I went to a flea market today and saw this book and had to get it. It was written by Dr. J. Rutgers, published in 1940, and it's called How to Attain and Practice an Ideal Sex Life: Ideal sex and love relations for every married man and woman. I picked it up expecting a lot of hogwash about the biological determination of gender roles along with stereotypes about how men and women perceive and enjoy sex. Current Mood:
So I read the precluding pages to the book and find out that Dr. Rutgers was one of the leading pioneers in contraception and family planning. Additionally, he was the first to require a personal examination of all of his female patients before recommending a contraceptive method. And he set up safe abortion clinics all over parts of Europe. This is information presented not through a contemporary, more accepting lense, but through statements made by the doctor's peers in the field at the time of the book's release. Even still, the author was obviously well-respected and considered an expert on the reproductive system by his contemporaries.
So far, there seems to be a good deal of misinformation in this book, yes. But the source of this misinformation seems to be the crude experiments performed in this area at the time, not the conclusions drawn from them. In fact, even though most of the experiments are obviously biased, many of Dr. Rutger's conclusions are consistent with modern-day notions of hormones, sex organs, and their influences on the body during puberty and the embryonic stage.
Dr. J. Rutgers writes of an experiment where the physical genitals of rats were removed and replaced with those of the opposite sex. The study's published results report that the male rats who were implanted with female sex organs acted more 'effeminate' in their sexual play (i.e. they liked to take it up the butt), with the opposite being true of the female rats (they liked to fuck the other rats). The doctor then goes on to discuss another study where a homosexual man asked his doctor to remove his testicles and replace them with those from a heterosexual. This was reported as having been successful and the homosexual man entered into a "happy, though sterile, marriage."
And now the point of this post:
Concerning these pieces of research, Rutgers writes: "Even should this type of operation prove successful, the majority of homosexual individuals will probably hesitate to have it performed on them. They are not unhappy on account of their peculiarity, but rather on account of our prejudices. It is we who are diseased and in need of cure. We must accept the fact that Nature has not endowed all people with the same sexual desires. Even the separation of the sexes is not absolute."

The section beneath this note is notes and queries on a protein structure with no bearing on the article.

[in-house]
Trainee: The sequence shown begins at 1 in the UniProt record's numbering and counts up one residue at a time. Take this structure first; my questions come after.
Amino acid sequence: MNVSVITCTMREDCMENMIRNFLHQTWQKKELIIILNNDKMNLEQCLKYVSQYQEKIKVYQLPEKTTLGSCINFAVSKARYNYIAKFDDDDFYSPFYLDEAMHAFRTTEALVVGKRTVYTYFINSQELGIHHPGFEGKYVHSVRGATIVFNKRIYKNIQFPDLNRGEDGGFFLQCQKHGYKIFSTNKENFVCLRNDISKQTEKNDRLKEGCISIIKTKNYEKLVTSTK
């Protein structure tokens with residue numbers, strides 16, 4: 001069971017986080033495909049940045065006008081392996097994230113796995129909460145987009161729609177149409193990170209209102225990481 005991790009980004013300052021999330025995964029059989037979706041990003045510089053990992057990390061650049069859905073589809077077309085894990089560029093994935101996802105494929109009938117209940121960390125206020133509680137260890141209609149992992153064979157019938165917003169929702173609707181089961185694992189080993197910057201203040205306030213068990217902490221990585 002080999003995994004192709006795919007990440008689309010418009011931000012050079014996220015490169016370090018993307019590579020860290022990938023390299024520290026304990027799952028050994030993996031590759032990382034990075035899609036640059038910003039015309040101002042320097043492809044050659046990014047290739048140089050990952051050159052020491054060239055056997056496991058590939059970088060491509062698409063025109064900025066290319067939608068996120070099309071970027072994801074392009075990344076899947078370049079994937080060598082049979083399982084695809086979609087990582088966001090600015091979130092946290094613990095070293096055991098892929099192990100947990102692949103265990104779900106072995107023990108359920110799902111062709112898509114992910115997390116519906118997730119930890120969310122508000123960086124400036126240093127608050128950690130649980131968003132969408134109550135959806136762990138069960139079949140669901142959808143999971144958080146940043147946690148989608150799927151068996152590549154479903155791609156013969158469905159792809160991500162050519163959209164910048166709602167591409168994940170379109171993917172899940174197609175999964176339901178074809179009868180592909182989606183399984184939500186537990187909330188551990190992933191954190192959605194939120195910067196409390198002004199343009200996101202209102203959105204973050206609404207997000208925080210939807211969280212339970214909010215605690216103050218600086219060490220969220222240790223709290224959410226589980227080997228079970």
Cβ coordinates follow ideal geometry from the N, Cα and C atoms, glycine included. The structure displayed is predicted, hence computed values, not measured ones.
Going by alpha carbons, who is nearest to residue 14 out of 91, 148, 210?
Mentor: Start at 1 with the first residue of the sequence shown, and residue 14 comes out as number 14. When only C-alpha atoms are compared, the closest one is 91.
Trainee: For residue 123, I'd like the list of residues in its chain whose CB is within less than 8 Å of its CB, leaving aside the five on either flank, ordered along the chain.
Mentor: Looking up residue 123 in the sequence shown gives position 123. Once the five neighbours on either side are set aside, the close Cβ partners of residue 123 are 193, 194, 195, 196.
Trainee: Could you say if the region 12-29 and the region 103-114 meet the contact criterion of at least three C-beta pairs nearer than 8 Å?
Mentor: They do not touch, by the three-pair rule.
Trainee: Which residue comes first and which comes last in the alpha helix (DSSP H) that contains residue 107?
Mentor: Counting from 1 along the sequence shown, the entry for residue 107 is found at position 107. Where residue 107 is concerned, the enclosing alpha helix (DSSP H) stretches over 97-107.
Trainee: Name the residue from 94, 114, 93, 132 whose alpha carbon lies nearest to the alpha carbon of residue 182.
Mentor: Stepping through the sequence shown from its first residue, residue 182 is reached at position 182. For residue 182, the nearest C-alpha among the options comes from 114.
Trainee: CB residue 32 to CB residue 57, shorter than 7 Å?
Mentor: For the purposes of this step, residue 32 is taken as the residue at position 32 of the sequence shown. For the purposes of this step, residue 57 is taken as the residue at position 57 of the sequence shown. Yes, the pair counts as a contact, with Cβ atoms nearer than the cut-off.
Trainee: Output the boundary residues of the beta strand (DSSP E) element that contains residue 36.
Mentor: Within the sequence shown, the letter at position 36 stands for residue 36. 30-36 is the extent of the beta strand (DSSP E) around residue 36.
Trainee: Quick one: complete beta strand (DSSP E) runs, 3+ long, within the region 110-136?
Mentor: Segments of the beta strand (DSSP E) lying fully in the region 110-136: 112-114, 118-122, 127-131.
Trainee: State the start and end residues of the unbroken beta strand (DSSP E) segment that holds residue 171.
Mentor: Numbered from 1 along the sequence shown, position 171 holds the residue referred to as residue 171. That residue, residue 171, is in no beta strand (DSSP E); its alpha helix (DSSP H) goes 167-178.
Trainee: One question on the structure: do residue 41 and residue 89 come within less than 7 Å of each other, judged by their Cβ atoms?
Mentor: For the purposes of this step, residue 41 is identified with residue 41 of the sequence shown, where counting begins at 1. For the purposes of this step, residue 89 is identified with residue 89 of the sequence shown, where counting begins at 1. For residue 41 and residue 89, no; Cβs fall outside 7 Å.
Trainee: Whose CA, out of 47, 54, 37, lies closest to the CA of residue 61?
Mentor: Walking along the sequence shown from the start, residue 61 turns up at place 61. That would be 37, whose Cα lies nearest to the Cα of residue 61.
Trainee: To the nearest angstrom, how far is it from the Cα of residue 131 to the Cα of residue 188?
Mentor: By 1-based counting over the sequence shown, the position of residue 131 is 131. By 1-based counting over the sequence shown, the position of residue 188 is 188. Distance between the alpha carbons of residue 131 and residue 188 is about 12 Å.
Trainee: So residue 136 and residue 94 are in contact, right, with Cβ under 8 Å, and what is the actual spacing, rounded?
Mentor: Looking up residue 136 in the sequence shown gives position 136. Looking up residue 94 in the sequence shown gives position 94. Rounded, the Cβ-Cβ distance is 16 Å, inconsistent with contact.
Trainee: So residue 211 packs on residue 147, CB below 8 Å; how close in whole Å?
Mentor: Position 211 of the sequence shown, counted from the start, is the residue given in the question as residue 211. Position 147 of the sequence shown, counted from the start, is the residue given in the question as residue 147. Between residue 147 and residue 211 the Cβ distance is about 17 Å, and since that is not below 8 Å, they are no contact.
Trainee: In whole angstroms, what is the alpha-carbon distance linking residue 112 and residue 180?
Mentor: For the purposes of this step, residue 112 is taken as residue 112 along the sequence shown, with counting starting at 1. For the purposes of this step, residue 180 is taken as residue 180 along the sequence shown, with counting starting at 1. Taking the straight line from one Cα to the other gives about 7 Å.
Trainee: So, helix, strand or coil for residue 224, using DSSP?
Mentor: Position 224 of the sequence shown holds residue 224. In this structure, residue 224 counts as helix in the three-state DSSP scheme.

I had to read the paragraph about three times to validate that this was, in fact, a statement boldly made in defense of homosexuality. How shocking this must have been to many of his readers, who were intended to be both doctors (well-known to be biased against the LGBT community - any minority culture, actually) and the informed general public! And still this smart man knew that the kinds of experiments he was reviewing had a great power for social control and oppressive discourse, so he stood up for the rights of those who might easily become lab monkeys in the medical/scientific community's search for sexual clarity and stated that this type of research is not only unsubstantiated, but most importantly, unnecessary. Of course, the medical/scientific community and the Committee for the Study of Sexual Variants did go on to practically torture those perceived as homosexual in search of clear definitions for sex and gender, and there are still plenty of people today who would be happy to bludgeon the doctor to death for his comments, but that doesn't matter. The fact that a reputable man was daring enough to publish such a statement in the year 1940 fills me with extreme happiness, and most of all it makes me look to the future of this struggle with great hope. I truly hope that there are people in this world who are just as visionary and independently-thinking as Dr. Rutgers was 65 years ago, and I hope that they too do not allow themselves to be silenced.